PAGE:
220px-kitchen_confidentialRenowned chef Anthony Bourdain is very well-known for his television shows, books, and speeches that discuss subjects such as travel, food, and culture based on his experiences as someone who has set foot on all seven continents. But, he also has a blog on Tumblr that provides even further insight into these experiences that weren’t necessarily covered in the final cuts of his more widely known publications. His writing is simple, edgy, and colorfully uncensored but has the ability to spark a significant emotional reaction within readers that could potentially educate and change readers’ perceptions about various different cultures both inside and outside of the United States. His blog writing, like most of his work, has the ability to touch on the deepest aspects of humanity in every culture, no matter what one’s inherent political beliefs may be.

In his blog post from May 12, 2016 entitled “Brown Dog,” he says, “You may be the most cynical, born and bred, citified lefty like me — instinctively skeptical of big concepts like ‘patriotism’, relatively foreign to hunting culture, unused to wide open spaces, but spend any length of time traveling around Montana and you will understand what all that ‘purple mountains majesty’ is all about, you’ll soon be wrapping yourself in the flag and yelling, ‘America, fuck yeah!’ with an absolute and non-ironic sincerity that will take you by surprise.”

This charismatic quote conveys a lot about Bourdain’s personality in a very brief snapshot of his blog work, which functions to show his talent as a very effective author. As a New Yorker that is far from home in the rugged terrain of Montana, he is honest, straightforward, and doesn’t mind publicly being able to identify and sympathize with other peoples’ viewpoints, even if they may contradict his own. One of his hallmarks as a writer is the conveyance of his unabashed and often hilarious opinions, but even more noteworthy is his ability to admit that maybe the other side has a point too. By being capable of this, he displays a very likeable persona that is highly opinionated, but still humble, writing in a way that is magnetizing to many people who enjoy learning about different cultures.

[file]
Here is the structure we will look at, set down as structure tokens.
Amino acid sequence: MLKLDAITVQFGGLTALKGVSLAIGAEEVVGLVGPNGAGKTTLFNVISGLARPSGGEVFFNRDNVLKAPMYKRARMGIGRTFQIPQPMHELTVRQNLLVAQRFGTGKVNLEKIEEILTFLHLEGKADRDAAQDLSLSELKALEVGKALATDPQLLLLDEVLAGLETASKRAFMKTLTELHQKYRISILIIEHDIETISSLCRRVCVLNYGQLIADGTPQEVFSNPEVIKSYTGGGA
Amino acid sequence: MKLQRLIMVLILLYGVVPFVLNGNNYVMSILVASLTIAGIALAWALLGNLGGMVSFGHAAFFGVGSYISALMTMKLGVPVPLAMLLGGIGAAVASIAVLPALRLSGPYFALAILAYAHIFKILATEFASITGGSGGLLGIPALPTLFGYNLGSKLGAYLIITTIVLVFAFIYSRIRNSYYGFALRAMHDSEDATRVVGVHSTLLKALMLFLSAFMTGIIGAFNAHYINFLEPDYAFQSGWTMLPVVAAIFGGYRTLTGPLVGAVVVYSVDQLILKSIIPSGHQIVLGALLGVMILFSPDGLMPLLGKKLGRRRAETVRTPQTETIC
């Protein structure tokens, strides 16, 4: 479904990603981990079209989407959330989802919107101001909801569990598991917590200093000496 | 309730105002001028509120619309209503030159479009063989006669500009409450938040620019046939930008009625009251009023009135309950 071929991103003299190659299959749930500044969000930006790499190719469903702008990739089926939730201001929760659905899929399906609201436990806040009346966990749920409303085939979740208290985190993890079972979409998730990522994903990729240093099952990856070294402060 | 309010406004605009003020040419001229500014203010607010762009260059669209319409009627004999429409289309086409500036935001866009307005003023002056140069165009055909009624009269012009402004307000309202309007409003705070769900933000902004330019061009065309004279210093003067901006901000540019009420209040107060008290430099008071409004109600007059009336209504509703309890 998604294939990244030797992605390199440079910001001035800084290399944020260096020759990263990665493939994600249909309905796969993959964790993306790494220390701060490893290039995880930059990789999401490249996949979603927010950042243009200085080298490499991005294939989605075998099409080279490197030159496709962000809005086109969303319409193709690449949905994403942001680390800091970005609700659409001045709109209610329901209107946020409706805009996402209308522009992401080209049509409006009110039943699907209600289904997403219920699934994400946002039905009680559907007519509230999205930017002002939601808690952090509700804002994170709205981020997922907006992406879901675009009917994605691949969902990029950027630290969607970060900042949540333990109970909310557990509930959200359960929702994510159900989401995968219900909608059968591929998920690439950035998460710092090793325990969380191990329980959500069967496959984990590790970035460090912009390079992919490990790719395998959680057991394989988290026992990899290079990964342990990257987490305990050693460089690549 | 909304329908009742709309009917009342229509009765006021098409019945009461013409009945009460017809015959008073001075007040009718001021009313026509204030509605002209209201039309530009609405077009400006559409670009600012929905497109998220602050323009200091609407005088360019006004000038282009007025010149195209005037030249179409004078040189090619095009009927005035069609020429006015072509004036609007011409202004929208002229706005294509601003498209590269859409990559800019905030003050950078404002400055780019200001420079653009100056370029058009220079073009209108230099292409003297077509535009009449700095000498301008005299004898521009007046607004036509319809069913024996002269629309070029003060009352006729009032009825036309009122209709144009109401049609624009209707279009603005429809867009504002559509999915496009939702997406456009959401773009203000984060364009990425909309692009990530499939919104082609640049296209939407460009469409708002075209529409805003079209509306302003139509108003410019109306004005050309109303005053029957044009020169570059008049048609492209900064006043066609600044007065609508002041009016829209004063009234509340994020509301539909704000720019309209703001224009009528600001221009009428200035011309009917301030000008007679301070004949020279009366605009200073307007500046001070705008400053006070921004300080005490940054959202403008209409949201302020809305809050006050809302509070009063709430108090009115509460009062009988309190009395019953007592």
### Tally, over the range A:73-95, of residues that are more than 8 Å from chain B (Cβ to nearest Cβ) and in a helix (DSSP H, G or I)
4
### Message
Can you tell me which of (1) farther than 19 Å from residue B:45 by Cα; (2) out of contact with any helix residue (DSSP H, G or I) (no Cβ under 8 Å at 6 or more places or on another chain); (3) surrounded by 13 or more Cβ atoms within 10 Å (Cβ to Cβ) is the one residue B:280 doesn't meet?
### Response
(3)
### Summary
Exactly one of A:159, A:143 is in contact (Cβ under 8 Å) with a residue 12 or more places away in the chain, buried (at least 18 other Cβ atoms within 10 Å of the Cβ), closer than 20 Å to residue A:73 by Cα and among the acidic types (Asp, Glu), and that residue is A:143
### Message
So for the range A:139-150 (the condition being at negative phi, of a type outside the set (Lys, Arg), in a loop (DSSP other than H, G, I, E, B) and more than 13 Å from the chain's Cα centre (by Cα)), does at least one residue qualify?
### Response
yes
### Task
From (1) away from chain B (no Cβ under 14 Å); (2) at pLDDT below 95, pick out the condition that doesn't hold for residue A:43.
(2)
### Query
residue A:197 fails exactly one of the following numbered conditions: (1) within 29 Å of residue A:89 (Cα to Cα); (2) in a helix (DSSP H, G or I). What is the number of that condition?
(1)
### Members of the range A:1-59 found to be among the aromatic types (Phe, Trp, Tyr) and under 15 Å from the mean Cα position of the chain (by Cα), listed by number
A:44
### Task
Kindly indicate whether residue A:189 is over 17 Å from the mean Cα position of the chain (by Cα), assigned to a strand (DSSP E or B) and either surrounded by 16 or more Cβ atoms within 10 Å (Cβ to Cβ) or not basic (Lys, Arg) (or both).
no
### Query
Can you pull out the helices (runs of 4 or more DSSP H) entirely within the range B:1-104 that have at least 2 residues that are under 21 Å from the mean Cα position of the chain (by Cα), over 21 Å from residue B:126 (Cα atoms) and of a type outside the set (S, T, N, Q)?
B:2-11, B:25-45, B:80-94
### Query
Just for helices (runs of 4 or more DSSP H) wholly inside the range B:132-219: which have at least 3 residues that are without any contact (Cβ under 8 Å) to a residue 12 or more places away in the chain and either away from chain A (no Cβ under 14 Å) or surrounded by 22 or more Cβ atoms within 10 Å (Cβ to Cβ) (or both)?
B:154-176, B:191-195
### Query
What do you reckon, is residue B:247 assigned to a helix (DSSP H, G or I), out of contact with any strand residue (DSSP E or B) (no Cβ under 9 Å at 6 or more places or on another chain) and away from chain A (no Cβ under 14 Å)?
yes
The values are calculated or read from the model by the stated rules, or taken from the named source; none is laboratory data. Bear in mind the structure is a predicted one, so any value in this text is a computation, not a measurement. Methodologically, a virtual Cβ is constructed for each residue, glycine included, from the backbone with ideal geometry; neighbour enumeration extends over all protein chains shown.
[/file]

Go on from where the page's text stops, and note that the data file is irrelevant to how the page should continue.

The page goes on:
In a piece about Filipino culture in one of his episodes from the show Parts Unknown entitled “Unfinished Business,” posted on April 22, 2016, he discusses this particular episode’s focus on the humanity of Filipino people, not just the Philippines in a broad sense. He begins the post with an anecdote about Vangie, the Filipino baby nurse who helped raise his daughter and the close friendship that developed between both of their families. He writes, “This episode is an attempt to address the question of why so many Filipinos are so damn caring. Why they care so much — for each other — for strangers. Because my experience is far from unusual.”

This behind the scenes look is a strong example of what to expect when reading about the background of what went into the filming of many episodes of this show. He goes out of his way in this blog to give his fans an insight into how Filipino culture has personally affected him, and no doubt will be capable of appealing to many others’ experiences with Filipino culture as well, which is inevitably quite prevalent in the United States with such a large influx of Filipino workers, who often go unnoticed, but really have a significant impact in our society. Again, although his shows typically have the outer appearance of a focus of food, travel, and general culture, he really intends to, and succeeds, in appealing to the distinct human qualities of these cultures, which he expands on in this blog.

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batley-biopicBen Batley is an English teacher, graduate student, and local musician in Omaha, Nebraska. He received his BA in English at Loyola University Chicago and is completing his MA in English and the University of Nebraska Omaha.